The Knoller C.II 119.15 at Prague museum
The first 24 Lohner-Knoller C.II, Ba.19 were equipped with a 180 hp Austro-Daimler. The first completed aircraft of Aviatik (Ba 36) was delivered in September 1916 but only tested in Aspern on 10 February 1917 and revealed fatal structural problems: The wings collapsed in flight and the plane crasehd, killing the crew. They were solved by inscreasing the surface struts and fitting an additional fuselage strut. The first Lohner aircraft with this innovation and a 160 hp Austro-Daimler was the 19.25, prototype for the Ba. 119.
However as more accidents happened with this fighter aircraft, the War Ministry received instructions from the parliament to stop further work on the Knoller series in June 12, 1917. The Knoller C.II was a conventional reconnaissance biplane design, with staggered wings, pilot and observer seating in tandem in an open cockpit, but no defense MG. The upper wing was slightly less swept back and the fuselage was made of plywood with skinned fabric wings and the interplane struts were made of steel, placed in a warren truss configuration. Three batches of 25 planes were delivered respectively by Aviatik, Lohner, and WKF. The only surviving C.II is now on display at the National Technical Museum in Prague.
Crew: 2, pilot and observer
Dimensions: 8.54 x 10.37 x 3.02 m (28 ft x 34 ft x 9 ft 11 in), Wing area: 30 m2 (323 ft2)
Weight: Empty 695 kg (1,630 lb)
Engine: Austro-Daimler 185hp 6-cylinder 138 kW (185 hp).
Armament 2x Spandau 8mm MGs.
Knoller 70 (1918)
Despite the cancellation of the program, the Knoller was still undergoing improvements. The model 70 single-seat biplane was started in late 1917 but was tested in 1918, followed quickly by an order for ten pre-series aircraft for additional evaluation. The Knoller 70.01 was the first of the only two prototypes completed, at Fliegerarsenal Fischamend. The wings were unstaggered with single bays with an inherent ability to "flex" on-the-fly with speed, reducing drag. Struts and bracing were both under and above the aircraft which fuselage had a large spinner added to the nose. The tail had a single vertical fin with mid-set horizontal planes while the undercarriage was a classic tail-dragger arrangement.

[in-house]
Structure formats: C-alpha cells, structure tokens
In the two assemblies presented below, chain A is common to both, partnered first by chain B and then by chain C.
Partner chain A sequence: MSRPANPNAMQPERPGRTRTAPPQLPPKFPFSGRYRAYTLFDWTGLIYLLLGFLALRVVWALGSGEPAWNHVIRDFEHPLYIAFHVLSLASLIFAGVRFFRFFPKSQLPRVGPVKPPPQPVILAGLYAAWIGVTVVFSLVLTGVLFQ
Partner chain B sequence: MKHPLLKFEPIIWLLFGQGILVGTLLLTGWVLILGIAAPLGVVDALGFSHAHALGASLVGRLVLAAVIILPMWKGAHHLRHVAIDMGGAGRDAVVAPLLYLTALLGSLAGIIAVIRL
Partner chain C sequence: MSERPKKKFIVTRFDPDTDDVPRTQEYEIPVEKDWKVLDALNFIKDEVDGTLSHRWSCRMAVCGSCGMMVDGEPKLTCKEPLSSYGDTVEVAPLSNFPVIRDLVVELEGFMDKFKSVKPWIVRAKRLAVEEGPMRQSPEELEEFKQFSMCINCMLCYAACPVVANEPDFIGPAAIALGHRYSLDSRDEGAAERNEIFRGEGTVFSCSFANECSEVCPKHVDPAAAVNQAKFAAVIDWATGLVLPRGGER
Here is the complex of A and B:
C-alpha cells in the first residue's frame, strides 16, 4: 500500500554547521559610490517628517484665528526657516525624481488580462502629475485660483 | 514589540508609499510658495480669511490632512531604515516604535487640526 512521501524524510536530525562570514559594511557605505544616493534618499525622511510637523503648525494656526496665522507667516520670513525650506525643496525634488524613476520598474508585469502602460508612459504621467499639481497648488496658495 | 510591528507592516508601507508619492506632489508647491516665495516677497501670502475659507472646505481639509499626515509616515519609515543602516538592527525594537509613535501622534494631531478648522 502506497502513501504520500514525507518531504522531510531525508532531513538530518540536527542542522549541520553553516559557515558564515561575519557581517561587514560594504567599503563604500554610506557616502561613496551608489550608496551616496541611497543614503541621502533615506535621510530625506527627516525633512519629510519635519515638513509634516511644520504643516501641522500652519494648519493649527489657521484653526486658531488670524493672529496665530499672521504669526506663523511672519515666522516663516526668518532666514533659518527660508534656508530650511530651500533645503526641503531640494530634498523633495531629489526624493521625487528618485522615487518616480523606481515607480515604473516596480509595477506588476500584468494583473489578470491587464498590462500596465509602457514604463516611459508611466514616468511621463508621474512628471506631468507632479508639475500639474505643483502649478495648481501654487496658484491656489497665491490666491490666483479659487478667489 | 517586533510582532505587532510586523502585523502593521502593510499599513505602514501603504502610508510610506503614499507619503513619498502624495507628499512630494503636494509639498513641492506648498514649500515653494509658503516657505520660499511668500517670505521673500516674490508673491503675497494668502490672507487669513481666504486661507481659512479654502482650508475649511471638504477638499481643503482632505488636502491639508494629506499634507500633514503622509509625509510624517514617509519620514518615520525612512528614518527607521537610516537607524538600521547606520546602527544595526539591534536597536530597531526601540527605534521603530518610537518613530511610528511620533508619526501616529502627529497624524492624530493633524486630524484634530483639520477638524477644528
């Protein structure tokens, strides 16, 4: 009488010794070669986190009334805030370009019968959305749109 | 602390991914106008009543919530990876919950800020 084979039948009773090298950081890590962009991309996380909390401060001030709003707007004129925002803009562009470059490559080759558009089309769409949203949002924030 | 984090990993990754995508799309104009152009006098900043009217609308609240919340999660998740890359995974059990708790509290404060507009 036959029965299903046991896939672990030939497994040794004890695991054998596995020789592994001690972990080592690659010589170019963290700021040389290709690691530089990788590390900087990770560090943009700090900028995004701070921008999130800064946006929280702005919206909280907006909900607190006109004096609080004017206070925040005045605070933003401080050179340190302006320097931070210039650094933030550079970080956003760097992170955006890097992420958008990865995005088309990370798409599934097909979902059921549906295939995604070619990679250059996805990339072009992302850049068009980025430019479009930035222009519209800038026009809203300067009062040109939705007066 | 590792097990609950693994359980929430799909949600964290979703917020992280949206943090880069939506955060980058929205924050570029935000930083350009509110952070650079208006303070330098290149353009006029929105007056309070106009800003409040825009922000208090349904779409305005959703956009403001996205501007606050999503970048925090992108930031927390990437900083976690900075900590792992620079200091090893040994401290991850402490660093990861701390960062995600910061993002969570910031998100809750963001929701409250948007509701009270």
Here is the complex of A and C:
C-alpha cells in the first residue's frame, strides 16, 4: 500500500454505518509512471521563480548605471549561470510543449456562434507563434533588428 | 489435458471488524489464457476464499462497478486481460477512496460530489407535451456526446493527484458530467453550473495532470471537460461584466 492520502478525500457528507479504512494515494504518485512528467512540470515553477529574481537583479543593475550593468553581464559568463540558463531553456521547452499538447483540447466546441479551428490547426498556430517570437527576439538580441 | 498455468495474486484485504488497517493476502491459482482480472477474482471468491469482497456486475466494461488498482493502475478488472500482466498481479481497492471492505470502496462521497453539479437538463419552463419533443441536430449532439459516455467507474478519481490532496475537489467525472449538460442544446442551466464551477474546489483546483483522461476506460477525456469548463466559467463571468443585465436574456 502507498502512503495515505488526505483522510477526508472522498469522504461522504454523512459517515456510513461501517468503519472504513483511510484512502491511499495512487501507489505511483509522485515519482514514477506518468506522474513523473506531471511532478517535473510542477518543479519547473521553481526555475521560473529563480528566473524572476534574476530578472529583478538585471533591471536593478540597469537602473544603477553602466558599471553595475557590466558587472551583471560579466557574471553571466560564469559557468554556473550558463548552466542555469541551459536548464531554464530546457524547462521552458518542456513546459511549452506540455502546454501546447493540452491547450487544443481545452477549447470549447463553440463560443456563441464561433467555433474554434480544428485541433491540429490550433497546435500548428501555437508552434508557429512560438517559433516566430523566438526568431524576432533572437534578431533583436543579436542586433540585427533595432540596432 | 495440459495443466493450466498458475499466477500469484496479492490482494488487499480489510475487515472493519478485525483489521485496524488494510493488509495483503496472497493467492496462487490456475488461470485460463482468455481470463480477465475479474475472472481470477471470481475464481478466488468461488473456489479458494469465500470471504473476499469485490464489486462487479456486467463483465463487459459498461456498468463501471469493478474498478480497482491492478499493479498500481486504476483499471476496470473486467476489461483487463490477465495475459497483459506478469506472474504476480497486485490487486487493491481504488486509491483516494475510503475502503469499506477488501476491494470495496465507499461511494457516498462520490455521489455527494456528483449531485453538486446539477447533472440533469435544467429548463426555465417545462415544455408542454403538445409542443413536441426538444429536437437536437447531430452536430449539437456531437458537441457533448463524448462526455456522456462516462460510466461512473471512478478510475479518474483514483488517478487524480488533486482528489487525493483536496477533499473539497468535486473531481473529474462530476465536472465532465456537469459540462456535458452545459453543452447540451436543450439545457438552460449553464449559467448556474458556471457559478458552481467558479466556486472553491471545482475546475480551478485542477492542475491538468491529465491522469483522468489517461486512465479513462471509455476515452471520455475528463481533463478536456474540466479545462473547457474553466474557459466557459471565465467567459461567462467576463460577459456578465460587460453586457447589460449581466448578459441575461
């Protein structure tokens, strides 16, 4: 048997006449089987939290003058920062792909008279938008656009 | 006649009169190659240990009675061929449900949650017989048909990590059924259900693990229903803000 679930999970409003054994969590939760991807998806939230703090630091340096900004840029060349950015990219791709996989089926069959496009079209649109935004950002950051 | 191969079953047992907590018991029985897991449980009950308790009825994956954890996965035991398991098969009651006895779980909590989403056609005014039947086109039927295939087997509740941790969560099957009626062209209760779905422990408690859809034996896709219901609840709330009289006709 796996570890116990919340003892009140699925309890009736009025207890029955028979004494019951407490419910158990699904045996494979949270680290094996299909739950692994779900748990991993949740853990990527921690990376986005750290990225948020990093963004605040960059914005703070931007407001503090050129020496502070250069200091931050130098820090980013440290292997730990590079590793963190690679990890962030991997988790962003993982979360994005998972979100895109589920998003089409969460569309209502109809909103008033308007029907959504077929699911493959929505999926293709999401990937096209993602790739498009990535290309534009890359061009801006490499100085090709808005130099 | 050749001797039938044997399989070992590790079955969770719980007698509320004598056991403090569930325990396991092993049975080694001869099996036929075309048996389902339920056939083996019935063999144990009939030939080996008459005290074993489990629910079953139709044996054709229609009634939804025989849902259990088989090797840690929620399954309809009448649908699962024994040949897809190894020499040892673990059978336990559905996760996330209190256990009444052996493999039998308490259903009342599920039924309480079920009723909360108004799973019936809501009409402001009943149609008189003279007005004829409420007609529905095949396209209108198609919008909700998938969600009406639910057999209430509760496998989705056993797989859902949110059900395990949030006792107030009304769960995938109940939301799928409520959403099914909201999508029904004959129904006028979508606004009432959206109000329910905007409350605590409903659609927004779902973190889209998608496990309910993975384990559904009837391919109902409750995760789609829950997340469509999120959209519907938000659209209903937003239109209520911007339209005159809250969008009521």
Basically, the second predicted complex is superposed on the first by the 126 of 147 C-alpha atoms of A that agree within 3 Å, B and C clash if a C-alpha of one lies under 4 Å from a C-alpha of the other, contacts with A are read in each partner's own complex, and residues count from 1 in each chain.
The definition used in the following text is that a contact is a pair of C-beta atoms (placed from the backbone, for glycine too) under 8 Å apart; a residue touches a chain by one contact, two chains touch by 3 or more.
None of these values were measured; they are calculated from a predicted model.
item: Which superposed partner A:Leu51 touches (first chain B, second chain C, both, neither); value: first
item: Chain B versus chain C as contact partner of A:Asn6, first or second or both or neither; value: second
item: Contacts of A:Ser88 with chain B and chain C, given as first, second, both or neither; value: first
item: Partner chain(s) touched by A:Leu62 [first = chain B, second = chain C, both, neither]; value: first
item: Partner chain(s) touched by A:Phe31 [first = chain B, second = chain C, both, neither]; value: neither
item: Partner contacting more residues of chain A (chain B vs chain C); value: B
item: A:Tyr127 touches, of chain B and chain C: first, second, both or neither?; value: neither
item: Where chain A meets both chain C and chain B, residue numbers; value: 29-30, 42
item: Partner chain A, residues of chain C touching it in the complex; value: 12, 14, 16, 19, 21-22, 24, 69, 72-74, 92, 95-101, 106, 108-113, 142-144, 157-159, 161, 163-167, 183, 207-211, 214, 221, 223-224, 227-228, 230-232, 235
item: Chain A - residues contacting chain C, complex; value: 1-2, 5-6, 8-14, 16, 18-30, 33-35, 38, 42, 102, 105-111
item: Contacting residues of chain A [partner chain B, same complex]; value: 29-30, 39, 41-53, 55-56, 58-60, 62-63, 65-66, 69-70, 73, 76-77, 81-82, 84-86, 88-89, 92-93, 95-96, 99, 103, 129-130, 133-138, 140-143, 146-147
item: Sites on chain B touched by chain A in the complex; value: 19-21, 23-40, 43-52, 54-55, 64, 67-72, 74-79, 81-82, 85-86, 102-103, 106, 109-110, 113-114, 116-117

The plane was 7.98m (26.2 feet) wide for 6.37m (20.9 feet) long and 2.86m in height (9.4 feet). It was propelled by a Hiero 6-cylinder, water-cooled engine rated for 230 hp giving a top speed of 149 mph (239 kph) which is quite good. Th Knoller 70 was also armed by two 8mm Schwarzlose machine guns, synchronized and placed on the engine hood. The 70.01 first flew on November 23rd, 1917 but took some damaged and was repaired, ailerons being fitted at the upper wing members and it went into more tests in the spring of 1918, sadly undergoing a crash landing. The 70.02 ended testings in September 1918 but the next month where it was ready for orders, the armistice came out.
Profile of the Knoller 70.01 (from wingspalette.ru)
Dimensions: 6.35 x 8.00 x 2.85 m(20.83 x 26.25 ft x 9.35 ft)
Propulsion: Hiero 6-cylinder water-cooled 230 hp - Speed: 149 mph (240 kph; 130 kts)
Armament: 2 x 8mm Schwarzlose machine guns mounted over the nose and synchronized to fire through the spinning propeller blades
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Did you known Karl Urban is an Hollywood actor but was also an Austro-Hungarian ww1 ace ?